The Brothers was a civil rights group that was active in Albany, New York for several years beginning in 1966. While picketing a worksite to protest discrimination in hiring practices, Leon Van Dyke was joined by several African-American men from Albany's South End and Arbor Hill neighborhoods. Believing that it was the responsibility of the African-American community to address its own problems, the group took on issues faced by the residents of Arbor Hill, the South End and the North Side: poverty, poor access to health care, slum housing conditions, inadequate public schools and lack of political power. They pressured landlords to clean up their buildings, offered free classes in black history, ran voter registration drives and a breakfast program for poor children. They led rent strikes and protested against discrimination and alleged police brutality. The first action that brought them notoriety was their attempt in November 1966 to expose the alleged vote-buying practice of the Albany Democratic political machine. Considered enemies of the political machine, Mayor Erastus Corning 2nd kept secret police surveillance files on the members.  At the height of their prominence the Brothers unsuccessfully fielded African-American candidates for mayor, alderman and county legislator. The Brothers maintained the non-violent philosophy of Dr. Martin Luther King, but indicated that they would react with force if necessary. While not as militant as the Black Panthers, they were viewed with suspicion by many in the African-American community. However, they had the support of many activists in Albany, including lawyers, religious leaders, college students and professors.
Some of the founding members of the group included: Gordon Van Ness, Leon Van Dyke, Clarence Williams, James McBride, John Williams, Sam McDowell, Robert Gene Dobbs, William Gibson, Peter Jones and Herman Washington.  There were 15-20 core members of the Brothers. There was no permanent president or chairman. Instead, each week a different Brother took the leadership role so that, according to Gordon Van Ness, ".society can not buy out the Brothers."  There were two permanent officers, a treasurer and a secretary. There were seven committees with permanent chairmen: Labor, Welfare, Housing, Political Action, Youth and Drugs, Education and Draft Committees.  The Brothers published a newspaper, The Albany Liberator, between 1967 and 1971. It covered news from Albany's Arbor Hill and South End, as well as reprinting articles of interest from all over the country.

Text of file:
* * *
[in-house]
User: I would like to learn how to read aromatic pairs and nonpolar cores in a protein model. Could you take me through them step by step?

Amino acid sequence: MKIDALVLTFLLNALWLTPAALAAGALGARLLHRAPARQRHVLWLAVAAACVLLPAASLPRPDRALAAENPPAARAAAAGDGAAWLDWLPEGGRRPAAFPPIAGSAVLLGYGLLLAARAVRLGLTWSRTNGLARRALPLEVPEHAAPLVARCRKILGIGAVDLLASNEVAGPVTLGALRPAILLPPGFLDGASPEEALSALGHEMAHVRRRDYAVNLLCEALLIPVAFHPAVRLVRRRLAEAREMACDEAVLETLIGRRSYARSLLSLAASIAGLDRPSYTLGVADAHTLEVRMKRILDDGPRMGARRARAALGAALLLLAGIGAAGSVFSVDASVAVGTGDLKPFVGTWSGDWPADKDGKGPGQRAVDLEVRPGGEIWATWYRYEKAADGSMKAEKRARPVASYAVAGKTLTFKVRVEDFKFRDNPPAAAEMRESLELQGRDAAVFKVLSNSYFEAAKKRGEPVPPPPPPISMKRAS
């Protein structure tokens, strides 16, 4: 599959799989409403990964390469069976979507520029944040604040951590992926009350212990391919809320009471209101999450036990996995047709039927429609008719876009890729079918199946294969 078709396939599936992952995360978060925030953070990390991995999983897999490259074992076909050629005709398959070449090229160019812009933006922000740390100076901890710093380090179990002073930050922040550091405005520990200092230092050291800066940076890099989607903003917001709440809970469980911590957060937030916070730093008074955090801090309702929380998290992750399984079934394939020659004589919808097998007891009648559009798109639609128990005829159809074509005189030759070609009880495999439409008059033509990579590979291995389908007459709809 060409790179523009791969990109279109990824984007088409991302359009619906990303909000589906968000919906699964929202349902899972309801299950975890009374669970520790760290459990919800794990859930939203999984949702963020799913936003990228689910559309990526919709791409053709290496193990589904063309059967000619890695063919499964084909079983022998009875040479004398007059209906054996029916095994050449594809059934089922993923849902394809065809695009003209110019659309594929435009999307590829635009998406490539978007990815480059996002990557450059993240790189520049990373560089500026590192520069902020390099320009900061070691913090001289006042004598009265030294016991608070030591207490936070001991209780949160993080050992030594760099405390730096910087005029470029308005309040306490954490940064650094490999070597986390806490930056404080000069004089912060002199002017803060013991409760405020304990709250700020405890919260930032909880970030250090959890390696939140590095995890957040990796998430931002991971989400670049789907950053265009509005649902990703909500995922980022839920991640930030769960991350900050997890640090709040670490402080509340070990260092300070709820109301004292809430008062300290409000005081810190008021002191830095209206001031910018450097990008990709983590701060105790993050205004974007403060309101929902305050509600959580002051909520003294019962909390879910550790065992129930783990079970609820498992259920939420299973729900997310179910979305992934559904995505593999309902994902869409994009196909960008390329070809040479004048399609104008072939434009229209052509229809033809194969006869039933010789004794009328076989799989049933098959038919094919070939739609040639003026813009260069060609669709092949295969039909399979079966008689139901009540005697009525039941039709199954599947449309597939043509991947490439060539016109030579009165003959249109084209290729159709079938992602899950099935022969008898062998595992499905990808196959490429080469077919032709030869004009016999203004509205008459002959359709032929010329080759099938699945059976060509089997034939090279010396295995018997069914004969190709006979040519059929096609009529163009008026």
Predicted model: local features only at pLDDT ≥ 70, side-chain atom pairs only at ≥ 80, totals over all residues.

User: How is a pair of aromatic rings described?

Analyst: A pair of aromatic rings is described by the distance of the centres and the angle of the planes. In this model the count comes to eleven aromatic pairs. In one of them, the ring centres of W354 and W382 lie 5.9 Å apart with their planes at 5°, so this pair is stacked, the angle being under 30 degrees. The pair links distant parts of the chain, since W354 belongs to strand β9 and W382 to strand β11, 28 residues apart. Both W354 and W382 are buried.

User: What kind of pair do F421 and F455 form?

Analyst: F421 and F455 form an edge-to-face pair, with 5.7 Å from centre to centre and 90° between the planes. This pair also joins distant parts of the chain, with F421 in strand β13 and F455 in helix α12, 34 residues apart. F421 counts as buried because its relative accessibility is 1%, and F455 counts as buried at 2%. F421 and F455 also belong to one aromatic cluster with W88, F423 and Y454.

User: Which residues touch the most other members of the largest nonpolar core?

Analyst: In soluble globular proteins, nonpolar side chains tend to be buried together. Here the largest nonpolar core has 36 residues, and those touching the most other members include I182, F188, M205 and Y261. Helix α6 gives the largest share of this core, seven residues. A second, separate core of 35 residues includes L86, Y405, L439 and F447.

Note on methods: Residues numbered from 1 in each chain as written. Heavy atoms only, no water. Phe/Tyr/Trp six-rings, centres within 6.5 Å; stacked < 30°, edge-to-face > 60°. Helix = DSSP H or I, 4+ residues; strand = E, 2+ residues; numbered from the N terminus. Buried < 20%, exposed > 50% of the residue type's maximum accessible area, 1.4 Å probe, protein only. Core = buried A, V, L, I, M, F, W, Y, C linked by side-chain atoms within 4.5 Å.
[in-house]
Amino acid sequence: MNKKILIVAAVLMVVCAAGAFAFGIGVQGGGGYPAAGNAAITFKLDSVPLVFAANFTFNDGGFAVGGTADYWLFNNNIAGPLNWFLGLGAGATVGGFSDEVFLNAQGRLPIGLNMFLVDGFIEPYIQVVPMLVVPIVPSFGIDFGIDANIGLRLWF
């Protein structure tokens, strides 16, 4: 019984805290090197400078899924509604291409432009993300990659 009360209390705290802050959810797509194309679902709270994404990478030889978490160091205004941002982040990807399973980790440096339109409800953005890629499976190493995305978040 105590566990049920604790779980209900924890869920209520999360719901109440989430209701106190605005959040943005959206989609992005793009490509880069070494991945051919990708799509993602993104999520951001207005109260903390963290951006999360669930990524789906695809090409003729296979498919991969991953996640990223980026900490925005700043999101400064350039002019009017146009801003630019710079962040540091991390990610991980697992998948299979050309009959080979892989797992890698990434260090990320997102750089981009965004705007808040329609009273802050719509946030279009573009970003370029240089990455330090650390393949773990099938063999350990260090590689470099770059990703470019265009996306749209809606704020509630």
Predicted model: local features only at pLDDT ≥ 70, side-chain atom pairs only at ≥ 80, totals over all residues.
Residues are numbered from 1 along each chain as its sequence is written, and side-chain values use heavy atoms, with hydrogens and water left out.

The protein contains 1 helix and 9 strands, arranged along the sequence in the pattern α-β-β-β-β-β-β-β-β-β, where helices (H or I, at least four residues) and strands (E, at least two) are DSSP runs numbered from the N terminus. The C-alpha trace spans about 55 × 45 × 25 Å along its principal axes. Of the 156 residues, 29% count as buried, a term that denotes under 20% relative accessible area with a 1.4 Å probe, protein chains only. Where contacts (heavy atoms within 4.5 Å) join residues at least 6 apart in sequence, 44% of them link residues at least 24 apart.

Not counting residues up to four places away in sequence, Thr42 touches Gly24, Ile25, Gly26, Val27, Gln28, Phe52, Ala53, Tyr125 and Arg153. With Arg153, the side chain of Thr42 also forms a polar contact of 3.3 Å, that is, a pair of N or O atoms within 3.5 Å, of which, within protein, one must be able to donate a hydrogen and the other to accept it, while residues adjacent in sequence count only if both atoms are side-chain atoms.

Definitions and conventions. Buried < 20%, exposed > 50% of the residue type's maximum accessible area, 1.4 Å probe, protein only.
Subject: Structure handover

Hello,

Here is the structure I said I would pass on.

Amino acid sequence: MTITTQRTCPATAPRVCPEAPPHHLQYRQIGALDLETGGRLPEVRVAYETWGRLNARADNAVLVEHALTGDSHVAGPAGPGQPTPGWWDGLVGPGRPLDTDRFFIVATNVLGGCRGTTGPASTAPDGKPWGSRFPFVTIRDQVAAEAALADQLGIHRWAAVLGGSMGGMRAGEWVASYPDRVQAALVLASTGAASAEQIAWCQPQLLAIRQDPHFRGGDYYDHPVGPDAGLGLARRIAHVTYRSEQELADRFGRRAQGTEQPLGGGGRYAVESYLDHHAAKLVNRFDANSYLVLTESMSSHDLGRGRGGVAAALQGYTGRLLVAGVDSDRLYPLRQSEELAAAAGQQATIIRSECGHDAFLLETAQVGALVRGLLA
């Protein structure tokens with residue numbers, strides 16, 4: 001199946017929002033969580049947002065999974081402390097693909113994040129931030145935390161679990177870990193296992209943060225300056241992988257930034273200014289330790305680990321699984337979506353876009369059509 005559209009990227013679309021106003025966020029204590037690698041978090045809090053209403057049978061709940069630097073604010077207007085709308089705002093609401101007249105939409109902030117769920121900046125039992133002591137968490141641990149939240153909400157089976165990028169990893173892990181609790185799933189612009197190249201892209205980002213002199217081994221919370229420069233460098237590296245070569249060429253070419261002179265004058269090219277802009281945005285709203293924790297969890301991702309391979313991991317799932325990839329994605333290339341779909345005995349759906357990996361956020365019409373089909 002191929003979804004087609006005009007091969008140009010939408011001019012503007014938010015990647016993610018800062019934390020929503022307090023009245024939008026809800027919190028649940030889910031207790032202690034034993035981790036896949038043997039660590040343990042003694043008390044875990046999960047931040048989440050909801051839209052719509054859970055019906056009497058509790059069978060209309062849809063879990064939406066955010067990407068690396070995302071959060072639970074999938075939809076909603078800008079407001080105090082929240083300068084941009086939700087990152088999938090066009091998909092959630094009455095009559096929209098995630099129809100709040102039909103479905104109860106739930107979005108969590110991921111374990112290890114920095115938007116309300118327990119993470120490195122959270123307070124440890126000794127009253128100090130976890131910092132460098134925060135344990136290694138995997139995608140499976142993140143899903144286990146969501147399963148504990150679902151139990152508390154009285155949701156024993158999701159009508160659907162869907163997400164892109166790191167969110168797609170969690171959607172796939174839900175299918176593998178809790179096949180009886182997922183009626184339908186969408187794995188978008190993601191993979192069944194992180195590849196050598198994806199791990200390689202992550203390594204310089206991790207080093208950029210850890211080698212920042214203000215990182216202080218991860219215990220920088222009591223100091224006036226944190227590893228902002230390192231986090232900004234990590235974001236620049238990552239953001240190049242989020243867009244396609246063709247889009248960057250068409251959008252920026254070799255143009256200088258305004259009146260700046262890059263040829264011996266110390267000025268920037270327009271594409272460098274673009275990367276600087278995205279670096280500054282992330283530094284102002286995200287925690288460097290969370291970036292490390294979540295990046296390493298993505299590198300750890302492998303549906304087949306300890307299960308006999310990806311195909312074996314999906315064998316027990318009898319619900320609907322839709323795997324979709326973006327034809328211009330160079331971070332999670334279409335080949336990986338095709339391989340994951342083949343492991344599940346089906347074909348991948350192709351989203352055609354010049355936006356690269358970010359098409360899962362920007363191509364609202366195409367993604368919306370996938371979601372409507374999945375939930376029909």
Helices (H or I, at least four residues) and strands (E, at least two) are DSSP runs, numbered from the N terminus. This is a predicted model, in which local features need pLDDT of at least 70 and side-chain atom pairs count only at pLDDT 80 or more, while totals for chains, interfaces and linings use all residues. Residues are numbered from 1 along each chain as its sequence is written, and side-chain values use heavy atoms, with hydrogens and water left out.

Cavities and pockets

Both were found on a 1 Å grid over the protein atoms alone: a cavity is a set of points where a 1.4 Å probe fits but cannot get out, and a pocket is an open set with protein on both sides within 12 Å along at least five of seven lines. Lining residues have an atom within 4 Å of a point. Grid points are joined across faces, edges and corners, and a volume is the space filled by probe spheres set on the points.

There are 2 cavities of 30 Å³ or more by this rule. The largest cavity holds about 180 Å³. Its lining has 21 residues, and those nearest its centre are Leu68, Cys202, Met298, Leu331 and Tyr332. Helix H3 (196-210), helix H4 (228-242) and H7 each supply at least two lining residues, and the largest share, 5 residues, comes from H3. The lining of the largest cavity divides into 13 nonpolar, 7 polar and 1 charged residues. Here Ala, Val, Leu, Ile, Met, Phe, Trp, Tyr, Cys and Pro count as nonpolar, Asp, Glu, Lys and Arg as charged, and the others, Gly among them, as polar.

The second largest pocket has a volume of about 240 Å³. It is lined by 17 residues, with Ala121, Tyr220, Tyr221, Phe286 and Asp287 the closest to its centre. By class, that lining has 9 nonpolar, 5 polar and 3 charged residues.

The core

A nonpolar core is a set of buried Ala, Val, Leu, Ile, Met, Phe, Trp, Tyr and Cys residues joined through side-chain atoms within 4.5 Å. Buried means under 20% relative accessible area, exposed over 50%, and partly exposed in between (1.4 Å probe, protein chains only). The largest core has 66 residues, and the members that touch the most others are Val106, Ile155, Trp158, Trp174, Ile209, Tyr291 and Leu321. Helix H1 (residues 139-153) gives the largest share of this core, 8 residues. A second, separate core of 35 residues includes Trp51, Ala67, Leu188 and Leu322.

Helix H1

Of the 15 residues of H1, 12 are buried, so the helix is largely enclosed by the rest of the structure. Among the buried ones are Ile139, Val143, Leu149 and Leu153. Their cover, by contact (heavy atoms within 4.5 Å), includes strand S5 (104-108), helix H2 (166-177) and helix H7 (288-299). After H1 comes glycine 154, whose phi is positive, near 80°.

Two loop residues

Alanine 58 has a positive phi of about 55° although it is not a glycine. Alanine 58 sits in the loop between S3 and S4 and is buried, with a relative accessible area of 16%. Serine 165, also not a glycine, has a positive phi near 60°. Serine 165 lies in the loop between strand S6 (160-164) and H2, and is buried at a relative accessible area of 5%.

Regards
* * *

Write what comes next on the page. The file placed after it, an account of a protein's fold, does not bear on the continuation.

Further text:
The group dissolved in the early 1970s as its members turned their attention to other matters. Some continued their community involvement in less visible ways. After a reunion in April 1990, several former members attempted to revitalize the group. Gordon Van Ness and Clarence Newton opened a community referral center in October 1990 on Clinton Avenue to help advocate for local residents. Shortly after, Van Ness died. Lacking community and financial support, the center closed at the end of 1993. 
1. Grondahl, Paul, Albany Times Union, August 22, 1999, p. A32. Gaikowski, Richard, Knickerbocker News, October 20, 1963. Van Ness, Gordon, Original document circa 1964. Ibid 5. LeBrun, Fred, Albany Times Union, December 24, 1993, p.B1
- Acquisition information:
The Albany Liberator newspapers in this manuscript group were donated to the University Libraries, M.E. Grenander Department of Special Collections and Archives, by Barbara Shields in November 1992, Dennis Mosley in 1995, and Peter Pollak in 2017. Other items in this record group were donated by Gordon Van Ness, 1992-1995, and Peter Pollak in 2017.
- Processing information:
Processed in 2000 by Joan Seidman.
- Northside Community Health Center. Northside Advisory Council.
African Americans -- Civil rights -- New York (State).
African Americans -- Civil rights -- New York (State) -- Albany.
Albany (N.Y.) -- Politics and government.
African Americans and Civil Rights Organizations
Albany, New York
Neighborhood and Community Associations
Social Activists and Public Advocates
- Van Ness, Gordon, 1940-
Brothers (Albany, N.Y.)